As exciting as virtual reality may be, it often seems to be a rather lonely experience. Oculus is looking to change that.
Last year, in an effort to introduce even more people to social VR experiences, Oculus began to roll out support for its highly anticipated Rooms and Parties features to the Gear VR. First introduced at the Oculus Connect event earlier in 2016, Oculus Rooms and Parties were said to be coming to the Rift headset in 2017, and now, Oculus had made good on that promise.
With the first iteration of Oculus Rooms, you could join your friends in VR and watch movies (and cat videos) together from anywhere in the world. Well, anywhere with an internet connection, at least. Using a Gear VR setup, you could share spaces with friends, interact, hang out, and even stream live from VR.
“The first wave of VR was all about the magic of presence, the immersive sense of actually being inside a virtual space. The next step is to let you feel that same sense of presence with other people in VR,” said the Oculus Team.
But this week, the company has launched Rooms 1.2, which allows you to do even more with your friends and family members in virtual reality, as well as Oculus Events, which lets you organize your experiences. With Rooms 1.2, VR enthusiasts can now watch 360-degree content with a wider community. Thanks to the “collective viewing dome,” which can be found in the middle of any shared environment, you and your friends can watch 360-degree videos on Facebook together.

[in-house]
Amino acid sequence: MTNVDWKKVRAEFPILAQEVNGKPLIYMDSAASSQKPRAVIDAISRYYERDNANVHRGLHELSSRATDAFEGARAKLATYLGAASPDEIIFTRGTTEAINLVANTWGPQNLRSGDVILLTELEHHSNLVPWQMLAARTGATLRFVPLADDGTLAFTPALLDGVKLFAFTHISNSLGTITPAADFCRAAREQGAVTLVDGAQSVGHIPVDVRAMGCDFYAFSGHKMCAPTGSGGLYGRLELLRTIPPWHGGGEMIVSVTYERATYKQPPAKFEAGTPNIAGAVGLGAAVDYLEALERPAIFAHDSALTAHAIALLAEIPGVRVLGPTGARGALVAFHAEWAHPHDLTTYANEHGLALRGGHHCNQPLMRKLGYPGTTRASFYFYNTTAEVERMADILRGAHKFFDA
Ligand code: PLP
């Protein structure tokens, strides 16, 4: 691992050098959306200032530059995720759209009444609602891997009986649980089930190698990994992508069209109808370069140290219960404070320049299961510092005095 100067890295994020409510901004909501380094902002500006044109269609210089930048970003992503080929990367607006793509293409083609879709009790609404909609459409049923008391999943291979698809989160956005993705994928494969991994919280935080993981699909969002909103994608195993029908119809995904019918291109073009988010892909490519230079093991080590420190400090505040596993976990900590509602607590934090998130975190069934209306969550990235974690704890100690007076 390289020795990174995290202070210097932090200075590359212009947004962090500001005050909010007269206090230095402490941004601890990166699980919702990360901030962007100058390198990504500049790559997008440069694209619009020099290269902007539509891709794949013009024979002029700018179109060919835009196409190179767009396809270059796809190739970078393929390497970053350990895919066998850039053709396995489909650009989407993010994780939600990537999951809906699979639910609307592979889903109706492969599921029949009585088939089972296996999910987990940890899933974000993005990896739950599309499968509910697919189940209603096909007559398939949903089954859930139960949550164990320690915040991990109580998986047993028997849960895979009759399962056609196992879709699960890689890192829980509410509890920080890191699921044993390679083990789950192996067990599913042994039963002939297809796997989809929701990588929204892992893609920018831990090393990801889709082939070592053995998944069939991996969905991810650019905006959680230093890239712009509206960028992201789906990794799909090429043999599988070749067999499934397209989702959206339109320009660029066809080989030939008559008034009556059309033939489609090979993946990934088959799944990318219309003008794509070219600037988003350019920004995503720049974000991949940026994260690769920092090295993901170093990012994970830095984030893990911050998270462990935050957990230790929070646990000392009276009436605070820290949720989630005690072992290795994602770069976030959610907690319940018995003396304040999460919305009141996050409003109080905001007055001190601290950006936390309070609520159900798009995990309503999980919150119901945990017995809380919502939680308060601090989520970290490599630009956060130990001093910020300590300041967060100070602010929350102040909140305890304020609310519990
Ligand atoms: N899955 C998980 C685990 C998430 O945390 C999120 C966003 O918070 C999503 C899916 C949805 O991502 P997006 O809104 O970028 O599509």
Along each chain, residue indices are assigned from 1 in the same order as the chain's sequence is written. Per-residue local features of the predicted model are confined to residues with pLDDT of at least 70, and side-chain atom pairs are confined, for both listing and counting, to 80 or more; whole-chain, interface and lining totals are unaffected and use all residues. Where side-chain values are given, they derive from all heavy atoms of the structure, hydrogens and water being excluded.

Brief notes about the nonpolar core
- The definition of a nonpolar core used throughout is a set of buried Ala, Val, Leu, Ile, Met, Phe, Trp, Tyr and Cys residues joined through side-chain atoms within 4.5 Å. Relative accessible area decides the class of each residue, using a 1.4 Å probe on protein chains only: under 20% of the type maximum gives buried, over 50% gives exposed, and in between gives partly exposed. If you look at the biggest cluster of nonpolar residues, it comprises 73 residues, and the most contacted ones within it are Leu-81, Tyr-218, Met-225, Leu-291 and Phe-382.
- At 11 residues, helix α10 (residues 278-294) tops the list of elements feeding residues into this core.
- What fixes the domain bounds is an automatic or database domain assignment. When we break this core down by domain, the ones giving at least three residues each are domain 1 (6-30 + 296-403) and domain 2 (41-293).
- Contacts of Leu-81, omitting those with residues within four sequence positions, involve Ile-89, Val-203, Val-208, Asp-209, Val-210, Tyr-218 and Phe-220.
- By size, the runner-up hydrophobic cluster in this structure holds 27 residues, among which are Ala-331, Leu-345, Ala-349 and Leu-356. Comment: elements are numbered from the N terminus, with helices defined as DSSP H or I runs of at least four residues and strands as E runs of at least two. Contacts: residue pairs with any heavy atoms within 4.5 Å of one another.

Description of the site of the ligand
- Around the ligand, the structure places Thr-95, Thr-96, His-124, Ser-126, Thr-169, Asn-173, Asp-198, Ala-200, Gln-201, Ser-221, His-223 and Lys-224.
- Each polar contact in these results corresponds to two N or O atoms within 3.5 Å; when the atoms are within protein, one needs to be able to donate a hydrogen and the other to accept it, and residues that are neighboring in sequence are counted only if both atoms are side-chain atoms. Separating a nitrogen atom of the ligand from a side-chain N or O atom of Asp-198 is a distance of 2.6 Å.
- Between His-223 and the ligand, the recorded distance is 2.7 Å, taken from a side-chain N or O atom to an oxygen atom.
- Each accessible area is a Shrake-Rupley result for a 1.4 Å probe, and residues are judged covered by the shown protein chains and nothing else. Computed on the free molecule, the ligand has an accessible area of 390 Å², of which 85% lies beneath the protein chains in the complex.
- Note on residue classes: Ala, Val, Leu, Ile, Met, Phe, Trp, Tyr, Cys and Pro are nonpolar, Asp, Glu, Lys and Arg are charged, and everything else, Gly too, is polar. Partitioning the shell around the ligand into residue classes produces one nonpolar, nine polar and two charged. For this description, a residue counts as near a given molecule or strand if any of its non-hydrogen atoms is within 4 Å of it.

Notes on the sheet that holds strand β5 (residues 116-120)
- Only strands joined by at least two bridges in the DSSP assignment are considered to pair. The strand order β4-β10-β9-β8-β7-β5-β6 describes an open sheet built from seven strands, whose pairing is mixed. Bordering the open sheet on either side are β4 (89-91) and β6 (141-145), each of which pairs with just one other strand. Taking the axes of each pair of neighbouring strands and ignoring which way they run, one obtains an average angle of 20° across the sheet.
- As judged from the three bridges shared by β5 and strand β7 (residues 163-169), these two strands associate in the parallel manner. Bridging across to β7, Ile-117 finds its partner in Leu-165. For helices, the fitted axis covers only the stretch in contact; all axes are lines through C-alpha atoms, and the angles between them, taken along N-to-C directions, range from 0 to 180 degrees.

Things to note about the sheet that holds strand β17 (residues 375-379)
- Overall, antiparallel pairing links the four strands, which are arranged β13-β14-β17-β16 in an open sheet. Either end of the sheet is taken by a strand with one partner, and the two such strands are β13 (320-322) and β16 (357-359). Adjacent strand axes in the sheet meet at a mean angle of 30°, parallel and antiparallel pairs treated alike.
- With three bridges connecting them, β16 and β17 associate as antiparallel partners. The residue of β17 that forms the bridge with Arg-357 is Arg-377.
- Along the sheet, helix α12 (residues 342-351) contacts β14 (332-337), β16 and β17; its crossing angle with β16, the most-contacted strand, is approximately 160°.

Also receiving an update is the search function for Oculus Rooms. Beginning this week, you can search for Facebook content using naught but your voice. With a new feature being dubbed Oculus Speech Recognition, your speech becomes your key to just about everything within Oculus.
The VR company’s parent company Facebook also had an announcement last week, noting that it’ll soon be rolling out VR Facebook Livestreaming by way of the Gear VR headset. Over the course of the next few weeks, your Gear VR software will add a “Livestream to Facebook” option, allowing you to share VR games directly over the social network.
Of course, there’s also the Parties feature, which hit the Gear VR last year. Using the new functionality, you’ll be able to make voice calls from VR, and even join each other in compatible multiplayer VR games like Dragon Front and Drop Dead.
There’s not much to the Parties functionality, aside from Rooms and a few games, but as Oculus is fond of pointing out, this is just the beginning. We’re still in the era of silent film when it comes to virtual reality, and with competition between the Rift and HTC Vive heating up, 2017 is poised to be the year of VR.
“This is just the beginning of social VR. We’ll continue building fun ways to share presence and take social interactions in VR to a whole new level,” the release from the Oculus Team reads.
Article first published in December 2016. Updated on 03-12-2017 by Lulu Chang: Added updates about Oculus Rooms, Events, and Facebook livestreaming.